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Filling in the plot holes at the end...

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kotor2 is just a gonna get us ready for kotor3, although the underdeveloped sith lords was just depressing, in kotor3 they better have at the very least an episode3 type ending or a return of the jedi feel. U kno, somethin thatll let u kno that u accomploshed somethin on a grand scale

We can hope. But I just get the same feeling I got after watching The Matrix: Reloaded. That there are too many ambigous plotholes to fill in, and it would be very hard to do it and make a good game (or movie). But what would the sequal even be? Fighting the 'hidden' Sith empire perhaps?

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We can hope.  But I just get the same feeling I got after watching The Matrix: Reloaded.  That there are too many ambigous plotholes to fill in, and it would be very hard to do it and make a good game (or movie).  But what would the sequal even be?  Fighting the 'hidden' Sith empire perhaps?

 

Yes, but Reloaded and Revolutions were filmed SIMULTANEOUSLY and released within months of each other, much like the Lord of the Rings Trilogy. They were NEVER intended to stand separately from each other, and were designed as such. Also, viewers knew GOING IN that this would be the case (didn't stop the endless whining though).

 

KotOR2 doesn't have that excuse. There has been no announcement of KotOR3 and with the Lucasfilm shuffle going in, I doubt there will be anytime soon, and God only knows who'd be working on it by then. It handled the Sequel part fine. I loved the tips of the hat to the original and they handled it just right. They handled the feel and the atmosphere beautifully. I was completely immersed and loving it. Where this game failed was in the story and how it wove into the characters. Someone said something earlier in this thread that summed everything up perfectly.

 

40 hour game. 38 hours of pure joy followed by 2 hours of pure sh$t. As soon as my roommate completes the DS version, I'm trading this in for MGS3. Whether or not I buy the PC version will depend on if an annoucement is made confirming KotOR3.

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Maybe this was already brought up somewhere in these forums but I have no intention of searching through all the threads.

(SPOILER)

I played as LS Jedi and when I fought Darth Sion he said something along the lines of "You will perish like the one that came before you", with regards to whomever visited Mal 5 last. Does this refer to Revan? IS REVAN DEAD?

I feel that he may have been referring to Revan due to the fact that Carth had stated that Revan went to the Outer Rim to face something that he had Just remebered was there and went to take care of. I ask this because if they killed Revan, that would be an outrage beyond anything I could imagine.

(/SPOILER)

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Maybe this was already brought up somewhere in these forums but I have no intention of searching through all the threads.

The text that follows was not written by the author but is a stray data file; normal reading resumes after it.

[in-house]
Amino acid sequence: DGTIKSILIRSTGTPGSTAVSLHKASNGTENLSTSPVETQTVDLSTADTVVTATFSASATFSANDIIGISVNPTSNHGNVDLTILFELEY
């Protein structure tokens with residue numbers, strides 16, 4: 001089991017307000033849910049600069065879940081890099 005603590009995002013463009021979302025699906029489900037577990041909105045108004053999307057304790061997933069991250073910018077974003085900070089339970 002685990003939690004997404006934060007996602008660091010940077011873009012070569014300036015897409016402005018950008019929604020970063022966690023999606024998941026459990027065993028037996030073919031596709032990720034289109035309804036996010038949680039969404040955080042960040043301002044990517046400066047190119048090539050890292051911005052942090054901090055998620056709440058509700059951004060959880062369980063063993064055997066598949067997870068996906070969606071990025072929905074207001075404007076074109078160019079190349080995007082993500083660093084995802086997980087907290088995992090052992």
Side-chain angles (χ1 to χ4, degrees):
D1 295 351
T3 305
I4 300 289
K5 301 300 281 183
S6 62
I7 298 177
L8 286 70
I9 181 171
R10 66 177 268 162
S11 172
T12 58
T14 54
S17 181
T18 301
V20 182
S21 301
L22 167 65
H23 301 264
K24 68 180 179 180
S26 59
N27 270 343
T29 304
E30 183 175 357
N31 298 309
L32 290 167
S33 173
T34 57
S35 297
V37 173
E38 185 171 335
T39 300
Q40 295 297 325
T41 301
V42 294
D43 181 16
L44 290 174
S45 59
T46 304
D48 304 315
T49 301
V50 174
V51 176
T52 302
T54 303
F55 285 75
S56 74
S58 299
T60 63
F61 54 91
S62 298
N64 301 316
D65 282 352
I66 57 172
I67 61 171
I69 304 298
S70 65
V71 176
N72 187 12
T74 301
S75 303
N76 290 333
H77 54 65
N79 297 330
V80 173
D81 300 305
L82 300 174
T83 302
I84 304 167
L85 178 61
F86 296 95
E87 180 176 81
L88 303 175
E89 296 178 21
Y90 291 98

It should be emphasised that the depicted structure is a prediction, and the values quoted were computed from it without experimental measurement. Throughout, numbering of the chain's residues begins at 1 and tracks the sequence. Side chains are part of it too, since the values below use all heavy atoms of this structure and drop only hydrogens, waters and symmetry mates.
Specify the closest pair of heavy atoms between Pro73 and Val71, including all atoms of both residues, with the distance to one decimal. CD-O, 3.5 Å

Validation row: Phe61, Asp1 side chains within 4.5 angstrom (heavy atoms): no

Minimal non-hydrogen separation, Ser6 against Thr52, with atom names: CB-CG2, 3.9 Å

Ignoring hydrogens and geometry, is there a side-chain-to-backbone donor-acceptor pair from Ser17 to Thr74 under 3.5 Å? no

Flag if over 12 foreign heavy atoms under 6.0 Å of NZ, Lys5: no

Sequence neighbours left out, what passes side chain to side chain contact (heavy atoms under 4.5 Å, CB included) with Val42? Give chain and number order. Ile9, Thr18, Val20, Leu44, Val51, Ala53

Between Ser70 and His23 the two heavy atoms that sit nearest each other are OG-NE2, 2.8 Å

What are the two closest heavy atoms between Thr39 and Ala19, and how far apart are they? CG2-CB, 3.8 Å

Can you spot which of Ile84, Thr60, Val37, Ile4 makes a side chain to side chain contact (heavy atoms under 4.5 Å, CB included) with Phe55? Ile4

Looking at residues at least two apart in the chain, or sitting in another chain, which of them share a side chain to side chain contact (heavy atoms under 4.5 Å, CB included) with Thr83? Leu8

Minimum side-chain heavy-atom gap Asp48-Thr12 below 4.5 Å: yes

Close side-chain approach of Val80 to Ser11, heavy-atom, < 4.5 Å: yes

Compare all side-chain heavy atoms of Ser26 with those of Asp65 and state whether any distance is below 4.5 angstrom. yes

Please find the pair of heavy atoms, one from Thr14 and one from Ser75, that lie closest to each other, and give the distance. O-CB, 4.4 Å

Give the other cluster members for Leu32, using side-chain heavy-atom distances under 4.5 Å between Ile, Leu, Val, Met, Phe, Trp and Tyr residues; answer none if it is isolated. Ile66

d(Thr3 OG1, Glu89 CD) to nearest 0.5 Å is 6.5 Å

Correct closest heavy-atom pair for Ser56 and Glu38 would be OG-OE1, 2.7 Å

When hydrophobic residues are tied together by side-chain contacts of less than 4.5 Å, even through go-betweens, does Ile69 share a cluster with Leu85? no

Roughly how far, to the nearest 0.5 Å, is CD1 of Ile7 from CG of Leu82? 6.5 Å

(SPOILER)

I played as LS Jedi and when I fought Darth Sion he said something along the lines of "You will perish like the one that came before you", with regards to whomever visited Mal 5 last.  Does this refer to Revan?  IS REVAN DEAD?

I feel that he may have been referring to Revan due to the fact that Carth had stated that Revan went to the Outer Rim to face something that he had  Just remebered was there and went to take care of.  I ask this because if they killed Revan, that would be an outrage beyond anything I could imagine. 

(/SPOILER)

 

I also thought he was talking about Revan but he was not. Don't know who he was talking about. But you will find out what happens to Revan when you end the game, it's kinda bittersweet but not an outrage.

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40 hour game.  38 hours of pure joy followed by 2 hours of pure sh$t.  As soon as my roommate completes the DS version, I'm trading this in for MGS3.  Whether or not I buy the PC version will depend on if an annoucement is made confirming KotOR3.

 

Yep that pretty much sums up my experience with the game. <_< :- TSL just wasn't finished and it should have never been shiped as is.

 

Cheers!

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After reading this entire thread, I can say only that I agree with the majority here. While I loved KOTOR II's darker overall plot, at the end I felt more confused than I had at the beginning. And I hadn't thought that could be possible in a game.

 

My main complaint is the fact that the major ideas seemed hopelessly underdeveloped. As some have said, this is especially obvious with Nihilus. I was terrified of facing the man, but when I actually met him face-to-face, he was a pushover. I had been under the impression that he was to be the big threat, the one that would give you the hardest run.

 

And the whole thing with your character being an echo and a wound that would unravel everything seemed...somehow rushed or not well explained. Perhaps I just went thought the game too fast. I do intend to replay it in a few days.